This letter, about the Utah Cougar Management Plan, has been sent to the members of the Utah Wildlife Board.
Gregory Sheehan, Division Director,
Regional Advisory Councils and Wildlife Board
Utah Division of Wildlife Resources
P.O. Box 146301
Salt Lake City, UT 84114-6301
Re: Utah’s Cougar Management Plan
Dear Director Sheehan and Members of the Wildlife Board:
I am writing to ask the Wildlife Board not to adopt the Cougar Management Plan as it is currently written, for the following reasons.
The stated mission of the DWR is “to serve the people of Utah as trustee and guardian of the state’s wildlife.”
The quotes below are from the draft Utah Cougar Management Plan and are followed by my comments.
“Nearly all cougars harvested in Utah are taken with the aid of dogs.”
Objection: Using dogs to chase and hunt down any animal is barbaric and inhumane. If hunting can only be done in a way that causes extreme terror to the animal then it is hardly a “sport,” and it should not be done. This form of hunting is also dangerous and inhumane for the dogs.
“The bag limit is 1 cougar per season and kittens and females accompanied by young are protected from harvest. Currently the cougar-hunting season runs from late November through early June on both limited entry and most harvest objective units.”
Objection: Female cougars leave behind their young kittens while they go off to hunt. Allowing the mothers to be killed leaves the kittens to die of starvation, which is cruel and inhumane. Allowing a hunt in which females are killed to occur in the spring means that there will definitely be kittens that are orphaned. Not permitting orphaned kittens to be rehabilitated and released is also inhumane.
“Pursuit (chase or no-kill) seasons provide additional recreational opportunities over most of the State.”
Objection: Cougars, like all wild animals, are living, sentient, conscious beings, who deserve to live out their lives in peace, as nature intended. For them to be pursued, tormented, harassed, and persecuted (including separating mothers from their kittens) is a form of severe cruelty which cannot be “recreational” because enjoying causing suffering to animals is unworthy of any human being.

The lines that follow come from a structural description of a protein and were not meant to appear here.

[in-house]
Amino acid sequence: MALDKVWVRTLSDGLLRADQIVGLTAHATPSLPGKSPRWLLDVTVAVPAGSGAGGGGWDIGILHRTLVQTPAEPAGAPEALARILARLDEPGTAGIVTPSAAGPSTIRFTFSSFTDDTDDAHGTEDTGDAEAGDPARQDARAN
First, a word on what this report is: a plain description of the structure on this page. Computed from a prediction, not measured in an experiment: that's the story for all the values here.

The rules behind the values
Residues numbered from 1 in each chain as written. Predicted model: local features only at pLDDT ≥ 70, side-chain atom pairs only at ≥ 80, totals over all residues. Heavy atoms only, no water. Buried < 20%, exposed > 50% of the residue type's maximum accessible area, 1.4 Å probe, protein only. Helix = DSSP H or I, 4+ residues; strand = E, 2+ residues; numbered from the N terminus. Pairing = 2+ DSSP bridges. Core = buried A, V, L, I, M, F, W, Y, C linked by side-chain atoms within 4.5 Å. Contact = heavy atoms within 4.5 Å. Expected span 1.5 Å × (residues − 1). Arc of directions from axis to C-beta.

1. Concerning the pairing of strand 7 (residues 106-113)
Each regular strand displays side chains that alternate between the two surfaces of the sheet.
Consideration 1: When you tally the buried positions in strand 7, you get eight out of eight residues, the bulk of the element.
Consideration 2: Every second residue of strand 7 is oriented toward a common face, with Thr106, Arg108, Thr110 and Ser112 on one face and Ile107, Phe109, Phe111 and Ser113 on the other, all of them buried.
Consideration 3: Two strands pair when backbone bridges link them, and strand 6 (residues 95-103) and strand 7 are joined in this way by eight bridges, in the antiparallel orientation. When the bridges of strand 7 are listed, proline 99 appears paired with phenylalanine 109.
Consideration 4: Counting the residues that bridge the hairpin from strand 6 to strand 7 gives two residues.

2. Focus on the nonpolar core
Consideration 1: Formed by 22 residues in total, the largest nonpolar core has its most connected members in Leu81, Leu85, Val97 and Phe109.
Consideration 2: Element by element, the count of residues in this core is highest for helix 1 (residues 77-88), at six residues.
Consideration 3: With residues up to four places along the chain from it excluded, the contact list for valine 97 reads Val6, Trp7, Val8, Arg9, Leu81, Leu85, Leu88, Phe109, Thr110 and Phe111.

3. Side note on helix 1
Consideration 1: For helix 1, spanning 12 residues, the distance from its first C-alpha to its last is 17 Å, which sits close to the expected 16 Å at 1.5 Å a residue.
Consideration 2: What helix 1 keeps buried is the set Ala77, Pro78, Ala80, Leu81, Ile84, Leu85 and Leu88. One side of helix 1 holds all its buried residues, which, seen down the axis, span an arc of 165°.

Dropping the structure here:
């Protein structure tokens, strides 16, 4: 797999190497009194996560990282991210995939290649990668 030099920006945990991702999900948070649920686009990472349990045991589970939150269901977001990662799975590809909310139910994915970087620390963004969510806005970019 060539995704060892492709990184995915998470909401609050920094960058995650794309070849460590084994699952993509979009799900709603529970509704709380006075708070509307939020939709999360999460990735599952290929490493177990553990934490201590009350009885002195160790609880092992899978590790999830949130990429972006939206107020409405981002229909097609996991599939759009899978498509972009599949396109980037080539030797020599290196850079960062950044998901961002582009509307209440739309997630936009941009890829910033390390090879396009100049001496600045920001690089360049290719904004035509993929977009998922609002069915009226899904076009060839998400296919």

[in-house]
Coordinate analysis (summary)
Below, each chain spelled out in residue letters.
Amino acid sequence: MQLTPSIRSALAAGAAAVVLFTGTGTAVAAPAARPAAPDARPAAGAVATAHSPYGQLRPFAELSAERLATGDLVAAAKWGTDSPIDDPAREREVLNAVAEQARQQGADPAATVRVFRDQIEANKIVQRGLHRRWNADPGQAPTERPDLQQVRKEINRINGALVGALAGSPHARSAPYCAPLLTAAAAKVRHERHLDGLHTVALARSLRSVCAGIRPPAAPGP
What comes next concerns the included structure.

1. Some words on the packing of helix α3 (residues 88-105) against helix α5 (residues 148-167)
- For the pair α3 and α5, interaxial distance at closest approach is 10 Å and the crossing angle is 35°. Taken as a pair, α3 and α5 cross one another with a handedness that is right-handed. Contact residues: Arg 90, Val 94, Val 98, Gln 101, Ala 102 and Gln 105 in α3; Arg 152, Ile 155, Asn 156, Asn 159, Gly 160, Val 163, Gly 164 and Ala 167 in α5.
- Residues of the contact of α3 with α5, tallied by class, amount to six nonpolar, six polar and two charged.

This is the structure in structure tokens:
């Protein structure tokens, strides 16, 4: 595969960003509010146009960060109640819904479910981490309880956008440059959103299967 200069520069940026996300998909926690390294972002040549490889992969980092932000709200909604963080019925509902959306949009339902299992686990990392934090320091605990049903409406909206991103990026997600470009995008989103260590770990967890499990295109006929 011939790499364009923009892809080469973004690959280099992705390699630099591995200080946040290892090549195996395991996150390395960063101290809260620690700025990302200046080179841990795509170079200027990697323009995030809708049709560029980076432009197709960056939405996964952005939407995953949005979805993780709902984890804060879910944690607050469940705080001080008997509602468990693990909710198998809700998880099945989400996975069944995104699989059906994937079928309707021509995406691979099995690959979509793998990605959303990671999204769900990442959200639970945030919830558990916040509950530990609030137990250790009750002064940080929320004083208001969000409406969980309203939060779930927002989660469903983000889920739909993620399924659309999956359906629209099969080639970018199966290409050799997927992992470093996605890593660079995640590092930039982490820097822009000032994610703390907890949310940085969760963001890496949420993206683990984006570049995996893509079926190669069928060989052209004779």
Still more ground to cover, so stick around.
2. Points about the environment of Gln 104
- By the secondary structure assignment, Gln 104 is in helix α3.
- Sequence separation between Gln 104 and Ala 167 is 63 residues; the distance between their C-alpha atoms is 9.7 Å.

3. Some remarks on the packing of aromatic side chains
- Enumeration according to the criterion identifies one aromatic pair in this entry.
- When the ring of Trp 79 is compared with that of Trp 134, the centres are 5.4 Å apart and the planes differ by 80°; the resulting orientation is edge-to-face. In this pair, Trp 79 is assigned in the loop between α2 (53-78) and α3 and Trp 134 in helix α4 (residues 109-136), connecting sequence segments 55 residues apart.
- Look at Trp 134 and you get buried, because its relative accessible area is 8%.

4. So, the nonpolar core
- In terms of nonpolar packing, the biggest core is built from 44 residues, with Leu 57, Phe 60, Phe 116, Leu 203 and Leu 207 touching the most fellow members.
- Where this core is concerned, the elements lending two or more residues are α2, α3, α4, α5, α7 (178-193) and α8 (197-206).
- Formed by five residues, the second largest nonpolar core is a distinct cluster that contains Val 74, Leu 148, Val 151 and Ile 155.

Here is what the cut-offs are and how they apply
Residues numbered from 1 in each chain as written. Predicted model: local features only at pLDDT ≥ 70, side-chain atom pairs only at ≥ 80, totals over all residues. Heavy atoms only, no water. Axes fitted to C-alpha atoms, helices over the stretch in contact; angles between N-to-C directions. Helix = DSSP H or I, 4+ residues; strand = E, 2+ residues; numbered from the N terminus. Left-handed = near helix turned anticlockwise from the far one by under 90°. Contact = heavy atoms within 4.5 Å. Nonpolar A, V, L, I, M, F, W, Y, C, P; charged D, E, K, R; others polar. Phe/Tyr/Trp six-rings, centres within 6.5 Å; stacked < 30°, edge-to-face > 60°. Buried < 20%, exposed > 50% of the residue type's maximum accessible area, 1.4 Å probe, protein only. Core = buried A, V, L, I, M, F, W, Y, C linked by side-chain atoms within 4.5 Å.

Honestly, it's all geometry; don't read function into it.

The section “Outreach and education”
Comment: For the most part, these are very valuable and worthwhile goals, which, as they are implemented, will surely result in improved guardianship of Utah’s wildlife.
The section “Managing Cougar Populations Under Predator Management Plans”
Objection: This section relies on two incorrect assumptions:
One, that where there are fewer cougars there will be an increase in the populations of deer and bighorn sheep, and
Two: that the primary purpose of wildlife management is to provide greater opportunities for hunting.
Even if the primary purpose of wildlife management were to provide increased opportunities for hunting, the strategy of killing more cougars in order to raise the numbers of deer would not work. It is unscientific, not based on facts, and is counterproductive.
Nature regulates the populations of predator and prey to establish a balance. Where there are predators like cougars, wolves, bears, coyotes, foxes and bobcats, they serve to move elk, deer, and other prey along so that they do not linger in one spot, causing overgrazing and destruction of vegetation.
Concentrations of deer and elk destroy habitat – eliminating trees, grass, and plants, especially along river banks – this results in depleting the area of many natural species, not only plants and wild flowers, but also birds, mice, fish, and many small mammals and reptiles. The eco-system is profoundly disrupted and disturbed – and, as a further effect, the deer and elk are left with no food and begin to starve.
The answer to this is not more hunting; it is the restoration of the natural eco-system. Managing wildlife by killing first one species, then another does not protect wildlife; instead it is deleterious to all species of wildlife and to wild habitat. It is also harmful to the cause of hunters by harming wild lands and the species that live there.
The letter on this topic sent to you by HSUS cites, in the bibliography, 40 different sources that substantiate this, on a scientific basis. This letter explains clearly and coherently the scientific evidence for allowing predator and prey to establish a natural balance which benefits all wildlife.
It should also be borne in mind that most Utah residents are not hunters, and far more income is contributed to the state of Utah by both Utah residents and visitors who are engaged in many forms of wildlife watching and appreciating the beauty of Utah’s wild lands.
Please re-do the Utah Cougar Management Plan to greatly cut down the numbers of cougars hunted, to reduce the hunting seasons to eliminate spring hunts, and to eliminate the inhumane and excessively cruel forms of hunting.
Thank you for considering this viewpoint.
How you can help:
If you have time to send a quick email before tomorrow morning, to the Utah Wildlife Board, that would be great. The Wildlife Board will be holding a public meeting August 27, 2015, at 9 am, at the Department of Natural Resources Auditorium, 1594 W. North Temple, Salt Lake City, Utah to discuss the Cougar Management Plan.
You can read the Cougar Management Plan here.
For the email addresses of Members of the Wildlife Board, click here.
Photo: © Volodymyr Byrdyak / dreamstime.com